Post by Glenn Whitman
Few weeks go by at St. Andrew’s when the rhetorical question, “Who are we doing this for?” is not raised, often by our Assistant Head of School. Every employee at St. Andrew’s knows the answer: the students. What then I find very interesting is how often we (the adults) make decisions about curriculum and program without input from students. In fact, in my twenty years as an independent school educator–at three different schools–rarely has a student been a part of curricular decisions that will impact their academic journey. While I do not expect to transform the culture of schools where students are frequently involved in decisions around what courses or extra-curricular opportunities to offer (though I would like to see such a school in action) why can’t we involve students more?
Such thinking was reignited over this holiday break when I found myself invigorated about the ides of involving students more in the design of curriculum as I read the book, One Size Does Not Fit All: A Student’s Assessment of School. What made this read even more compelling was that a 17-year old student from a public high school in New York wrote this well-researched book. It needs to be a must read for every educator.
Education is about the students and the world they will shape with the tools of today that they are so comfortable with and the tools of tomorrow that have not yet been designed. Educational leaders are missing a critical voice in all the discussions around testing, technology and 21st century schooling. It is time we invite individuals like Nikhil Goyal to the “big kids table” to share what it is like to be a student.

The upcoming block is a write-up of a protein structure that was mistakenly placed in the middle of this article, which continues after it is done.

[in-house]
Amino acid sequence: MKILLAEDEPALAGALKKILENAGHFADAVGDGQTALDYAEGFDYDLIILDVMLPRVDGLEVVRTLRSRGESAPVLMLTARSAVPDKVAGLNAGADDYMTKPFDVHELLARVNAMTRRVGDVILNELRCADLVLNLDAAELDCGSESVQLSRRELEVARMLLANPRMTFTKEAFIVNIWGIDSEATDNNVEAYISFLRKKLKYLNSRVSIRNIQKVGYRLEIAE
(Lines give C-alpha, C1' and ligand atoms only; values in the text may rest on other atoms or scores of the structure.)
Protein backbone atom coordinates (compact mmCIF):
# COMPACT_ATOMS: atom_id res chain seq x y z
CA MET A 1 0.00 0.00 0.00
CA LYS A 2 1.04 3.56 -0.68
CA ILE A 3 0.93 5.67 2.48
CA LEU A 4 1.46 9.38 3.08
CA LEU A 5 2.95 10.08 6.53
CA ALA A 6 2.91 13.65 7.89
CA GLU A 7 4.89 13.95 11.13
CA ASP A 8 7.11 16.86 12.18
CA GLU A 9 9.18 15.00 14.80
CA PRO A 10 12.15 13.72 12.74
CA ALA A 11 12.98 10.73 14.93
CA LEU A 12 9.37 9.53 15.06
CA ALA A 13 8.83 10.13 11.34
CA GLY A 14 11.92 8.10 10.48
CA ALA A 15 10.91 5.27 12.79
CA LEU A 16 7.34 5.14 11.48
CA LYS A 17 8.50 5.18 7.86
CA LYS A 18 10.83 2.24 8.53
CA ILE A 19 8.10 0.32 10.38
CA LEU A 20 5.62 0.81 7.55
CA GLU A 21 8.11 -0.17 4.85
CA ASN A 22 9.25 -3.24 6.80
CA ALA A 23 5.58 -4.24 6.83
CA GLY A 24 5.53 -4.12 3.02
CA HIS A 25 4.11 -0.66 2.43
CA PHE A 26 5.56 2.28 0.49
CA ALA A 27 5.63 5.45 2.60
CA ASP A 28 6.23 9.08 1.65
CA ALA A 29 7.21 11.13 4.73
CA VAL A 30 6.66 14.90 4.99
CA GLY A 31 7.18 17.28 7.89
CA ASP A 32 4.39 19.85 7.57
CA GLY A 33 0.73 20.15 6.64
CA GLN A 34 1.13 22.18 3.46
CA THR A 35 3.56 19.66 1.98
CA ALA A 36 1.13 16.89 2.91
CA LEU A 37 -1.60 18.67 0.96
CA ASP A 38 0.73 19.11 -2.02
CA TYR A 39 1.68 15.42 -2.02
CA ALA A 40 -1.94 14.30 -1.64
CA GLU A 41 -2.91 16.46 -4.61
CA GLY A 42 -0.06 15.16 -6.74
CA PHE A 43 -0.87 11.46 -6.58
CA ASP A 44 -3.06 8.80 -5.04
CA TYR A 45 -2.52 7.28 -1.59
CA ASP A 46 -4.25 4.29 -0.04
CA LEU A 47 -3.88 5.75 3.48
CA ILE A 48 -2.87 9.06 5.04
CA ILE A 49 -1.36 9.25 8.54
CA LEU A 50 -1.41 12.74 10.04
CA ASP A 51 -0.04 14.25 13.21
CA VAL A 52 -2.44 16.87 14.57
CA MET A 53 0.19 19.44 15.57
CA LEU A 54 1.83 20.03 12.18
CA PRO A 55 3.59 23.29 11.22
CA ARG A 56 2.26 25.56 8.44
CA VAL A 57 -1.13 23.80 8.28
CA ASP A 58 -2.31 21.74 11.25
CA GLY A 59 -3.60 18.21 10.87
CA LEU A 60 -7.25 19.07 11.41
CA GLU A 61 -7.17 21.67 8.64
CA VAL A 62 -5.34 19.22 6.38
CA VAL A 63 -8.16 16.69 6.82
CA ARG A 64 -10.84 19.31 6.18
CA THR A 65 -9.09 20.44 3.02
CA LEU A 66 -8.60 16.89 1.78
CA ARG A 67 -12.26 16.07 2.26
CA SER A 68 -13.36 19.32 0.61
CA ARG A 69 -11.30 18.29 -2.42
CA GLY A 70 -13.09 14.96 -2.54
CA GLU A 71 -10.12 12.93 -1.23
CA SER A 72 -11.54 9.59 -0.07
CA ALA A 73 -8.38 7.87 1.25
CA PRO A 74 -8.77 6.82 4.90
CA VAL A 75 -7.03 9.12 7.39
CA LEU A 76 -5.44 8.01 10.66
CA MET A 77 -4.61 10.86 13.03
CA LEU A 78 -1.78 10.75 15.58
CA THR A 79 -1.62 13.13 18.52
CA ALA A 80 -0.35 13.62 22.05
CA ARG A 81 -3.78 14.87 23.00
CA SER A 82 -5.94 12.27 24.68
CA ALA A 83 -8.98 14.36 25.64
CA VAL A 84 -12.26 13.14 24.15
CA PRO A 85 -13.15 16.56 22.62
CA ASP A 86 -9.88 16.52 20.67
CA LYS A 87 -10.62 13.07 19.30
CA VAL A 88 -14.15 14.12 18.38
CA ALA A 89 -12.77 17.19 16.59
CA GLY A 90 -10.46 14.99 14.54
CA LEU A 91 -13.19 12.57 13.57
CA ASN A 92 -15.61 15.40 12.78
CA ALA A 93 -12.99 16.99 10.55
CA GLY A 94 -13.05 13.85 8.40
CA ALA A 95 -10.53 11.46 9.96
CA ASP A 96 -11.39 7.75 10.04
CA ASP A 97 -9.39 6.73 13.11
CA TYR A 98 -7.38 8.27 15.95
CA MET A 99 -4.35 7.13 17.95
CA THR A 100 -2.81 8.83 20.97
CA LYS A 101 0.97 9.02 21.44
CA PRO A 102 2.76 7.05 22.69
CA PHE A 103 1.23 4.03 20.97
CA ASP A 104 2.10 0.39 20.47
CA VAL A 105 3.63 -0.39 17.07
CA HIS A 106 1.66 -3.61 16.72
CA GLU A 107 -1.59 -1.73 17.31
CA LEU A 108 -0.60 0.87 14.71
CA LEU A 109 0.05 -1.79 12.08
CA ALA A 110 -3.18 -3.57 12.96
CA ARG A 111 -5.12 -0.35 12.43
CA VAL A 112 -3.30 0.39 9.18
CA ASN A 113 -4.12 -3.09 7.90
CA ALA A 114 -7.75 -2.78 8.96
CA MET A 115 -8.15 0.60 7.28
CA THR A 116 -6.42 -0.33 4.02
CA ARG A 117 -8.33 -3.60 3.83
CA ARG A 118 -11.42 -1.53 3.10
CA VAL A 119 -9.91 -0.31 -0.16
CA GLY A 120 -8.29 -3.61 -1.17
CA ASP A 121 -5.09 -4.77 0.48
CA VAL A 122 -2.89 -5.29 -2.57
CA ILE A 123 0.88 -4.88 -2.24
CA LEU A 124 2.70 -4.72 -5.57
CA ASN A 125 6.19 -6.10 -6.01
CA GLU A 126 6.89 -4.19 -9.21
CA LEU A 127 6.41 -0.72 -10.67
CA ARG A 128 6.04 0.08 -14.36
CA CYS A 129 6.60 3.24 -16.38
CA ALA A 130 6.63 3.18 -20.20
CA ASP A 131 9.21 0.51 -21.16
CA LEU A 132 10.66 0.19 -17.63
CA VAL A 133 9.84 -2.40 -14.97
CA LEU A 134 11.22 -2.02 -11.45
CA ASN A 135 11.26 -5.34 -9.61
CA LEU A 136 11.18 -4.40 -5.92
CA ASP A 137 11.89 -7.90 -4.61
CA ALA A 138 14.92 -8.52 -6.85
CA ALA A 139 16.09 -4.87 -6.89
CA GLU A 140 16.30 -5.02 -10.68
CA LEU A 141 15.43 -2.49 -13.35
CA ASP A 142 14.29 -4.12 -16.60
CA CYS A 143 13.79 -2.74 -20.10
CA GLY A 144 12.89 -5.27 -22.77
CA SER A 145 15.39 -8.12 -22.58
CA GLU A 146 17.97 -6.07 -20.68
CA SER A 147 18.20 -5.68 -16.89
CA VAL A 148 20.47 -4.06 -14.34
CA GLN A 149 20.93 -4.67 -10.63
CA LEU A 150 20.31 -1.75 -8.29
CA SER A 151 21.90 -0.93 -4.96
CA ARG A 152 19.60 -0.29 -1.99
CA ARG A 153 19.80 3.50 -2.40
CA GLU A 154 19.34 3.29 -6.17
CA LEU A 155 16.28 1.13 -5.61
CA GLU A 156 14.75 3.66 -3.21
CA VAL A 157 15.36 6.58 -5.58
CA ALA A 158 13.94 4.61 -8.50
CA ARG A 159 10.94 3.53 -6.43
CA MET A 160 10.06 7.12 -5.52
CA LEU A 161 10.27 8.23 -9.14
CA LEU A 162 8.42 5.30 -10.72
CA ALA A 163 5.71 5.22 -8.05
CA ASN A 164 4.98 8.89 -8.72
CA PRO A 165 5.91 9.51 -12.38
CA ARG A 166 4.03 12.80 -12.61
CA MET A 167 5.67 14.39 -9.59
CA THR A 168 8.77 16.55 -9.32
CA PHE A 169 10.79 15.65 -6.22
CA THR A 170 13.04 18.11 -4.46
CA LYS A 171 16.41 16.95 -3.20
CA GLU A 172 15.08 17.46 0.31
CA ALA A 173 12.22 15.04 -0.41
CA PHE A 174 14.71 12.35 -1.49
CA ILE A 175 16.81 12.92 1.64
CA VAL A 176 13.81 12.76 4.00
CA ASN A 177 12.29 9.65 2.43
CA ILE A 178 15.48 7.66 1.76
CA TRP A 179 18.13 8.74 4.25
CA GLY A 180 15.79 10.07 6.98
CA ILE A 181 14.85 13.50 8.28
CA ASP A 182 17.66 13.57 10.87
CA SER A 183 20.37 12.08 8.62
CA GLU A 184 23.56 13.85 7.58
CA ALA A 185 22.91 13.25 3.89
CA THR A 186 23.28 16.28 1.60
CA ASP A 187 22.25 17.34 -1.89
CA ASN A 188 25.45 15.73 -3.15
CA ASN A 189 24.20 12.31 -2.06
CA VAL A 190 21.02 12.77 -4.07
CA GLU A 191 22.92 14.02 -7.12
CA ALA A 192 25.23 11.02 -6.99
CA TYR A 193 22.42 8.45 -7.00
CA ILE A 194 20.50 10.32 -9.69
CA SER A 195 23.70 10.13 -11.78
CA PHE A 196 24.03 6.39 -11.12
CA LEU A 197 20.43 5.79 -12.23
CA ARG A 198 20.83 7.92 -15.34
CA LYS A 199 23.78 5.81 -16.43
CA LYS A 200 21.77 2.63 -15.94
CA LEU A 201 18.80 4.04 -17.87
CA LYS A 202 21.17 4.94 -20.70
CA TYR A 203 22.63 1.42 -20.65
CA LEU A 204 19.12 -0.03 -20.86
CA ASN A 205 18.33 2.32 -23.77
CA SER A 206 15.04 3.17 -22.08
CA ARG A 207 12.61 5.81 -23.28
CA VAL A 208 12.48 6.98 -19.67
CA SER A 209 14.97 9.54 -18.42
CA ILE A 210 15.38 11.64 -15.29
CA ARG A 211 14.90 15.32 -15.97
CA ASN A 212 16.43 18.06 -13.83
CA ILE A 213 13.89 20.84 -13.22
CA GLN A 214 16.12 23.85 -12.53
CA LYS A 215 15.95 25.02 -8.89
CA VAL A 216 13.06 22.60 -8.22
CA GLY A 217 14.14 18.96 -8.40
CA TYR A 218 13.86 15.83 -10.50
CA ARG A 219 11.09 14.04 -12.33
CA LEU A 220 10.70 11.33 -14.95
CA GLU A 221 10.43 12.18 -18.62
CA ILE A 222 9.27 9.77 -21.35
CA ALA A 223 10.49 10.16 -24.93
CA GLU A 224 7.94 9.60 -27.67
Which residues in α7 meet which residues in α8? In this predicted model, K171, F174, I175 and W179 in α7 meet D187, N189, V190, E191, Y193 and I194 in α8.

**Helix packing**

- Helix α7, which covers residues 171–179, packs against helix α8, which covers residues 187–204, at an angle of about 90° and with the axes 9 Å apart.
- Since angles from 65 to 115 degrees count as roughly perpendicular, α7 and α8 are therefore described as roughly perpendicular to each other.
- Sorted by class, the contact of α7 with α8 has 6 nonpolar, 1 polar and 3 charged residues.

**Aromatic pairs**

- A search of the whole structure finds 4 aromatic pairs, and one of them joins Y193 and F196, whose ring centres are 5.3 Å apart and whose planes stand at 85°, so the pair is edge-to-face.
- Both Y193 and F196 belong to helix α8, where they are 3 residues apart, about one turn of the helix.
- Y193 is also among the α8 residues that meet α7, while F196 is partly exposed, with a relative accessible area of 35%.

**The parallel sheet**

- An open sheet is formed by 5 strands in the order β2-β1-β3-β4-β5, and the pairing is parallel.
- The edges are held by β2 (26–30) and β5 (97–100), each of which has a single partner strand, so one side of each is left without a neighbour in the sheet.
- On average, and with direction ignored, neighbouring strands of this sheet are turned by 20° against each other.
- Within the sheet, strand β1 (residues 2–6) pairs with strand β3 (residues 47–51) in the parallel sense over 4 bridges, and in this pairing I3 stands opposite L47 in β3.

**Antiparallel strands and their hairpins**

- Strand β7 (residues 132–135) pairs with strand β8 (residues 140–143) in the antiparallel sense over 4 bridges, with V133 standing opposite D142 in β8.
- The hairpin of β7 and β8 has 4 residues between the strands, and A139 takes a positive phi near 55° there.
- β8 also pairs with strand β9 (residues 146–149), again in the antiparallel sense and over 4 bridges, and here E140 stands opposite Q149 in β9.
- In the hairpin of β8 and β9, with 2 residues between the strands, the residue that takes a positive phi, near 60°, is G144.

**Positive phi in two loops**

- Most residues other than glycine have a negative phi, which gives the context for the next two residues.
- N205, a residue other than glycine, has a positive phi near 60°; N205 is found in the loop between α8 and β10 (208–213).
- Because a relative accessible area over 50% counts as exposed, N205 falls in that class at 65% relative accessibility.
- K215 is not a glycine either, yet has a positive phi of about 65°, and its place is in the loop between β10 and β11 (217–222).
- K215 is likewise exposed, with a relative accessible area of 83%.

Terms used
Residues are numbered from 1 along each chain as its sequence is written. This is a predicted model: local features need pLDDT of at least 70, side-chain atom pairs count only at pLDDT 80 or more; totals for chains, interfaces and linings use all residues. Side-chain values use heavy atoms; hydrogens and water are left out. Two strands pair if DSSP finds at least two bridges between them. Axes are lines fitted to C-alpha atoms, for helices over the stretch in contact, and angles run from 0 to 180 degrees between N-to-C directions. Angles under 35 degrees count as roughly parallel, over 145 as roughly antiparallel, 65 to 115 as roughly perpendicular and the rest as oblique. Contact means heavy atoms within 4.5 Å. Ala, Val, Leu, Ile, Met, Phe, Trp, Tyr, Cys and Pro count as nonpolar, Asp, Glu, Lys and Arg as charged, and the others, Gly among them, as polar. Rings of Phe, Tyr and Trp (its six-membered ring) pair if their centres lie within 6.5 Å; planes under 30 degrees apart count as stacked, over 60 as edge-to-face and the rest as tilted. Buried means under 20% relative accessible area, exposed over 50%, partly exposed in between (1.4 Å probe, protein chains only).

What is the value added of such conversations? As St. Andrew’s transitions to becoming a 1:1 laptop school, I was intrigued by a recent story I heard regarding one of my colleagues. This teacher asked her students, “How can they imagine technology being better used in this class to advance and deepen learning?” She was flabbergasted by the answers.
Teachers like this recognize that learning happens best in collaboration. By posing such a question they enter into what Marc Presenkly, most recently the author of, Brain Gain: Technology and the Quest for Digital Wisdom, calls a “pedagogical partnership” with their students. Teachers who share authority with their students are creating a more engaging and meaningful learning experience.
Such is truly a 21st century classroom, where exceptional teachers recognize their strengths but harness the strengths of the “digital natives” who populate their classrooms.
Are you one such teacher?